Florence O'Donoghue ‘committed to record that Cathal Brugha approved this resolution.'

Tom Barry's motion was passed by a couple of votes. ‘This was challenged on the grounds that there was a brigade present which wasn't represented at the last convention; after a long discussion the objection was upheld and a fresh vote was taken, and the motion was lost.'
After some heated discussion on his compromise proposals Liam Lynch said he would no longer go on as chief-of-staff. Twelve members of the executive who had voted with Tom Barry chose Joseph McKelvey as their new chief-of-staff.

‘Though Rory O'Connor and Liam Mellows saw Barry's mistake in bringing forward this motion as a proposal to the convention, without any previous discussion, they understood that this was the only policy that could be consistently followed by the anti-Treatyites. Barry and Rory O'Connor would not accept the continued delay; they stood up, left the room followed by their supporters and announced they were returning to the Four Courts. It fell on Seán MacBride to announce to the convention that a further convention would be held in the Four Courts the next morning. ‘There was an absolute silence and I could hear my steps like shots from the top of the room to the door. A few more delegates came out'. The split was deepening.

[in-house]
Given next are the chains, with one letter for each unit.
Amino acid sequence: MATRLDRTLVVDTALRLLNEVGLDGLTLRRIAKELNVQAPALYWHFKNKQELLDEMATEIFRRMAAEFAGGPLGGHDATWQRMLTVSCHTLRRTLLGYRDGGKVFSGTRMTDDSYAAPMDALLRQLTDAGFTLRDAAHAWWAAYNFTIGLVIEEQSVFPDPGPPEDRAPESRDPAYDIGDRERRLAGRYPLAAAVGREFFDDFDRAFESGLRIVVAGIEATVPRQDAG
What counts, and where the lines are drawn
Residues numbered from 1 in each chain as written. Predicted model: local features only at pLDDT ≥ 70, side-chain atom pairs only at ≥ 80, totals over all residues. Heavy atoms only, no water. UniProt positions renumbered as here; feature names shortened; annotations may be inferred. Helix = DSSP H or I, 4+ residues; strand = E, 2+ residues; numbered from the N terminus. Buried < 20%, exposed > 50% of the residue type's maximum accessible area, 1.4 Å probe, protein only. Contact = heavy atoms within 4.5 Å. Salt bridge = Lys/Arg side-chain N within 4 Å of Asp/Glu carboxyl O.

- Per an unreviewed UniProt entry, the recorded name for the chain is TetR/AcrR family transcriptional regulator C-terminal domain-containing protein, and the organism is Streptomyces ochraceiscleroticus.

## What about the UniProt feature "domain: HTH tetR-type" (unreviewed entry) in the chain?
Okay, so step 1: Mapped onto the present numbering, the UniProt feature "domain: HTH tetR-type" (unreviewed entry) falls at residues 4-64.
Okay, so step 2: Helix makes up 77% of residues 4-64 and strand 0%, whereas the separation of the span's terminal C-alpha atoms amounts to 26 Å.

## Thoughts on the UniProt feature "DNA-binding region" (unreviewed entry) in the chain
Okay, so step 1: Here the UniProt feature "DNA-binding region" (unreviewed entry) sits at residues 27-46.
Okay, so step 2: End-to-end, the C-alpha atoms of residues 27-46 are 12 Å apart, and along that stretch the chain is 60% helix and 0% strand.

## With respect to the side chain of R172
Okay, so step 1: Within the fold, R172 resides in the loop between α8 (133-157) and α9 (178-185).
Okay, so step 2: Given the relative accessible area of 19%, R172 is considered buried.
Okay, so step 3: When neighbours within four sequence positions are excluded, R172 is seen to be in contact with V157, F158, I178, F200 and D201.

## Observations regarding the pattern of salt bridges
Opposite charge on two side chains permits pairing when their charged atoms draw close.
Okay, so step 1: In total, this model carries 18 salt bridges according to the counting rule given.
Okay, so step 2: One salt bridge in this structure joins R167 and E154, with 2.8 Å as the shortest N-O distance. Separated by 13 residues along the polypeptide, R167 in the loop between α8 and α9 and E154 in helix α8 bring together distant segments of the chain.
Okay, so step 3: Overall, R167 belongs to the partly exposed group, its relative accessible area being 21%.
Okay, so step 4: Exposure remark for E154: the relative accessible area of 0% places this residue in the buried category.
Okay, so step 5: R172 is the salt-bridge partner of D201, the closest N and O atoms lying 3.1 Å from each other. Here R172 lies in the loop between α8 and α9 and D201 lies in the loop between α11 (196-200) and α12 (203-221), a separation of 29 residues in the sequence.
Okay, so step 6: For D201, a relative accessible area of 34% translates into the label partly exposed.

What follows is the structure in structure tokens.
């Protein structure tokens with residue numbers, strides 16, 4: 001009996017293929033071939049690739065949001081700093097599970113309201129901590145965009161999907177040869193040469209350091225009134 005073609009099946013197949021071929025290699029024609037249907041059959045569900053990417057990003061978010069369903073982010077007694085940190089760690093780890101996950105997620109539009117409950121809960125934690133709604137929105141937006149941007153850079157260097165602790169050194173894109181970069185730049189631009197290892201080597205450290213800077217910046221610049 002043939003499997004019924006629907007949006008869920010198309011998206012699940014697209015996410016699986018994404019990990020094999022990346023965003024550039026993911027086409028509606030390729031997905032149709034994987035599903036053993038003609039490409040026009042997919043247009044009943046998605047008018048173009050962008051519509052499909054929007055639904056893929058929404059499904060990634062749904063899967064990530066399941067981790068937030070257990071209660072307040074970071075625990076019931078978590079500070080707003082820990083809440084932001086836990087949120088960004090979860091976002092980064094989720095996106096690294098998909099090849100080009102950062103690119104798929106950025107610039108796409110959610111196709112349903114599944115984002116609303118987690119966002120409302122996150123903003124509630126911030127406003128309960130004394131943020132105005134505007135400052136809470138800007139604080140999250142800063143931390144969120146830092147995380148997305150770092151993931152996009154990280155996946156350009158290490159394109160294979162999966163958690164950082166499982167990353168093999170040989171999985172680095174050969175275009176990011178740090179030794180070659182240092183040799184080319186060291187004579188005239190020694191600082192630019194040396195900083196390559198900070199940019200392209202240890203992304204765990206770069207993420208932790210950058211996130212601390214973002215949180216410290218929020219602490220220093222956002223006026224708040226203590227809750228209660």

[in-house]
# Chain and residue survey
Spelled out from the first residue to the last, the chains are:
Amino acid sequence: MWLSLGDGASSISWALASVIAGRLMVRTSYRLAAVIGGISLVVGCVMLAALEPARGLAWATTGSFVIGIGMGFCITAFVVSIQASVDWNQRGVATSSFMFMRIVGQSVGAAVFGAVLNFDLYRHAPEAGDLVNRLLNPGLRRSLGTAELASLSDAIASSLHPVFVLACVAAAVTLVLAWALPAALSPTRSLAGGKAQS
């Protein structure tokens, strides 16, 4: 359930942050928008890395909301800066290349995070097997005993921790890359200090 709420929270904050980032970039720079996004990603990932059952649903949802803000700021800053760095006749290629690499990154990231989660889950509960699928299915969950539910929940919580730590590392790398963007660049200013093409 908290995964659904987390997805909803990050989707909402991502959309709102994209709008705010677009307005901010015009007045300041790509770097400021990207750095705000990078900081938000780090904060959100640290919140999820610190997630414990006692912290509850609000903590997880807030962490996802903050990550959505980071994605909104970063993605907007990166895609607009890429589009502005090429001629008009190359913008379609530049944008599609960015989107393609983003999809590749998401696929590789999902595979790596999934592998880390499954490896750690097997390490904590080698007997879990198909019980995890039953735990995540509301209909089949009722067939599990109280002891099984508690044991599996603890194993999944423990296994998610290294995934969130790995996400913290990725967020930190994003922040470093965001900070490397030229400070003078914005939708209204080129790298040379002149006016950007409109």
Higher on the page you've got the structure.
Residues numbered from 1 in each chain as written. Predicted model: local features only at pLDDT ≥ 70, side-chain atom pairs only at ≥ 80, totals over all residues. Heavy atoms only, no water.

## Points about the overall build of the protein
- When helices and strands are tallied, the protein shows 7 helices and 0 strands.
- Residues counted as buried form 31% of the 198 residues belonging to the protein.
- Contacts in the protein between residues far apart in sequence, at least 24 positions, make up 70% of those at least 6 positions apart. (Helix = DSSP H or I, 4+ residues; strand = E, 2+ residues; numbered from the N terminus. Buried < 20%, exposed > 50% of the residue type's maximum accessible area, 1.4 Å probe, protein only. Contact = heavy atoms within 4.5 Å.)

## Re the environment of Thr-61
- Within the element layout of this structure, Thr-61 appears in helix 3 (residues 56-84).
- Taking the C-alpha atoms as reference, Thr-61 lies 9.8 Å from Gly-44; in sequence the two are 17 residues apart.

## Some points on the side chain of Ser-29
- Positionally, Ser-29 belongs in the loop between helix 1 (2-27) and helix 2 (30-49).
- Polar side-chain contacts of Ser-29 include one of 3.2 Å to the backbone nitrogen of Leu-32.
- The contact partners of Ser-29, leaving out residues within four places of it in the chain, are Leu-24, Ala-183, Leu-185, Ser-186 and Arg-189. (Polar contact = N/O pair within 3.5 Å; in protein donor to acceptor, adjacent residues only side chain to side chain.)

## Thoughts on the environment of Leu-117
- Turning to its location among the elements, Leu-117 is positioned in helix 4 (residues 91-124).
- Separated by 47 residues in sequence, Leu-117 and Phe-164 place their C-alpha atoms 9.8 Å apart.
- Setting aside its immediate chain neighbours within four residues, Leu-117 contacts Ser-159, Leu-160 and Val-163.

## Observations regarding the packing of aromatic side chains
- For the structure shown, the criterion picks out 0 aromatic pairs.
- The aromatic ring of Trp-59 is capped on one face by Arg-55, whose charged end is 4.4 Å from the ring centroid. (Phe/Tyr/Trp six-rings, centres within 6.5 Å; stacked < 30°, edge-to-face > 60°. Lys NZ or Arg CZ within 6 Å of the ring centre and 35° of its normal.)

The convention meeting continued. Cathal Brugha, Seán Lehane, Liam Mellows, Florrie O'Donoghue and others, though they had voted in favour of ‘the War declaration', remained in the room. ‘The temper of the convention, and of the majority wishes of the executive, was such that all hope of army unification was dead.' Afterwards Lynch moved his headquarters to the Clarence Hotel. Ernie O'Malley waited until the end of the meeting. When he returned to the men in the Four Courts he had difficulty in gaining entrance, as the guard had been strengthened.